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Writer’s Note – I’ve been on an extended hiatus for about three months. So, I first want to say “Thank You” to all of you who continue to stop by and check out my blog. This blog and several to follow have been accumulating in my head for quite a while.
August 11, 2014 – Robins Williams died today. He committed suicide, as everyone now knows. A truly sad situation for Robin and his family. The death of Robin Williams resonated with me for two reasons:
First, in my 30s I dealt with severe depression. I believe I had been suffering from depression most of my early adult life. It’s not something that many of my friends, work acquaintances, or even family members know much about. I underwent treatment for several years (again, in my 30s) and took anti-depressants for a couple of years. Once I hit my 40s, I seemed to get a handle on my moods and actually “self-treated” my anxiety and depression through positive affirmation, prayer, and exercise.
Depression is a tragic disease that can consume one’s soul with the absurd notion that nothing in life is worth living for. I became depressed even after the birth of my children. Crazy, now, to think I had nothing to give them. That notion of having no worth, however, can quickly re-enter the mind of someone with depression – even if they haven’t “been depressed” for years. I kind of think of it like alcoholism. Once an alcoholic accepts his situation, then he can begin to recover. He knows he can never go back to tempt fate and just have “one beer.” Likewise, a depressed person has to be vigilant that the “notion” – as I call it – never becomes more than an occasional whisper when life is not going well.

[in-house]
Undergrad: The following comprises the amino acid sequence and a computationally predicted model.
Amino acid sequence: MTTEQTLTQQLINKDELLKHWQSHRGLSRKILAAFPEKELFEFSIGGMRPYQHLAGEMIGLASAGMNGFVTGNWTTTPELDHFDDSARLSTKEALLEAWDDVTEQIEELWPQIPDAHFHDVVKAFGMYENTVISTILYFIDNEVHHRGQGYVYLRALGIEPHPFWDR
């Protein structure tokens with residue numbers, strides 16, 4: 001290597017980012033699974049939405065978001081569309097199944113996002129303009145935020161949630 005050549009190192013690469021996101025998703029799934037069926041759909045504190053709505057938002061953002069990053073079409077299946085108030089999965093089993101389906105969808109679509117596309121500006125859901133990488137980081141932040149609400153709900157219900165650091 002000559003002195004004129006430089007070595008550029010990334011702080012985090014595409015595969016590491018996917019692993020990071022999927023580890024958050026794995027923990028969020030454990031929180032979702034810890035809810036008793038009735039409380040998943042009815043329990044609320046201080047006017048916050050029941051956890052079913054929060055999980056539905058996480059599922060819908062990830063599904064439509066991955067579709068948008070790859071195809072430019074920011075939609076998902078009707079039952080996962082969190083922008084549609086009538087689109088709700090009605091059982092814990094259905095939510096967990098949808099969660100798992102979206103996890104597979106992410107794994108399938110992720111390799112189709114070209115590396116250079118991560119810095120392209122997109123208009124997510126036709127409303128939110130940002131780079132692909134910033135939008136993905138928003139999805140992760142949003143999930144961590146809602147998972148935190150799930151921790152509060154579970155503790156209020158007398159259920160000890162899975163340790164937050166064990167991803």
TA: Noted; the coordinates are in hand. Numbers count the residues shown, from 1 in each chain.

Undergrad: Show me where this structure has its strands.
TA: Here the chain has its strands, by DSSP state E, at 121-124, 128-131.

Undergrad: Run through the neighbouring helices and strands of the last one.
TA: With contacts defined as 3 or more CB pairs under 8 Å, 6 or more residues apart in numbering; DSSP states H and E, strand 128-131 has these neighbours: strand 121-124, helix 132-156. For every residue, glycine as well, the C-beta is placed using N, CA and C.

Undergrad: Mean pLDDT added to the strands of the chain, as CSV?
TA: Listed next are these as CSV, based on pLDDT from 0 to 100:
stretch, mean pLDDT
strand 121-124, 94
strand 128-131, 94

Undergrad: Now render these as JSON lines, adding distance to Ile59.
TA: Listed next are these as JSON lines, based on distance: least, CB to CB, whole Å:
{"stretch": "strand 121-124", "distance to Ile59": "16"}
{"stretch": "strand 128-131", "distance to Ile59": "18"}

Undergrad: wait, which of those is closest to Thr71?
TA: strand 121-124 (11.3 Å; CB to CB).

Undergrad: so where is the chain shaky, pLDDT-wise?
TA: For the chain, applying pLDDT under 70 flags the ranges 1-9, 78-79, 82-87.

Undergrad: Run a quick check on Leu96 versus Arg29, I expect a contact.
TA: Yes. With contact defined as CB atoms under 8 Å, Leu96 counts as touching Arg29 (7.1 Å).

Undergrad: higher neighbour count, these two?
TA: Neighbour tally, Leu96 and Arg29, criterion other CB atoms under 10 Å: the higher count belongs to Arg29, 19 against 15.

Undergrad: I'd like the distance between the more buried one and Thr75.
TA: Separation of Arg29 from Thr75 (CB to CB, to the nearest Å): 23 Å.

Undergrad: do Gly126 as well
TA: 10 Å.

Regardless of external circumstances or the balance of chemicals in our brains, people who are predisposed to depression, as I believe I am, can never tempt fate. I can’t let the “notion” run my world.
Second reason that Robin’s death touched me is the thought that being better off dead than alive has been in the back of my mind for several years, ever since I was diagnosed with the large melanoma on my back in 2011. I now realize – following my surgery – that I should have stayed home for the rest of the school year. I was in no shape physically or emotionally to teach in the environment I was in at that time.
When we found out that the melanoma had metastasized in July 2013, the same haunting notion of not wanting to live any longer came back in force. I was scared – even though I had to be strong for everyone else – and my life was completely turned upside down. It felt as though I was living in a horrible dream. It took all of the support and fortitude I could muster to tell myself that I was going to continue living. My children needed to see that. Vicki needed to know that, too. (She’s the only one that I’ve confided in with my true feelings. She know firsthand how precarious my emotional state can be.)
Although I know what I want to do and where I hope to be in five or ten years, I still get that “notion” stuck in the back of my mind. This summer has been extremely difficult, even though I should shout for joy that I am still alive more than a year after my diagnosis. Do I feel guilty? Like survivor’s guilt? Sometimes. Sometimes I’m just plain angry. Pissed at the world. Pissed at God. All of this anxiety, all of this expense. New career with no discernible path. Is this really worth it? I don’t want to be a burden to my family – both emotionally and financially – so it’s understandable that someone – Robin Williams – or me could make that decision to stop living.
|The way he should be remembered..with a smile.|
Finally, I’m amazed and saddened by the callousness of people regarding Williams’ death. I think we’ve become a society of assholes who think we can judge another’s situation. We believe we’re entitled to provide our two cents about any situation that shows up on the Internet. As though anyone really cares. What ever happened to compassion? We found out later that Williams was facing either Parkinson’s or a rare form of dementia. He decided he did not want to face his disease(s). Given my situation I might not agree with what Williams did, but that was his decision. Who am I to judge?
Society needs to get a clue……Depression IS real and it can be tragic.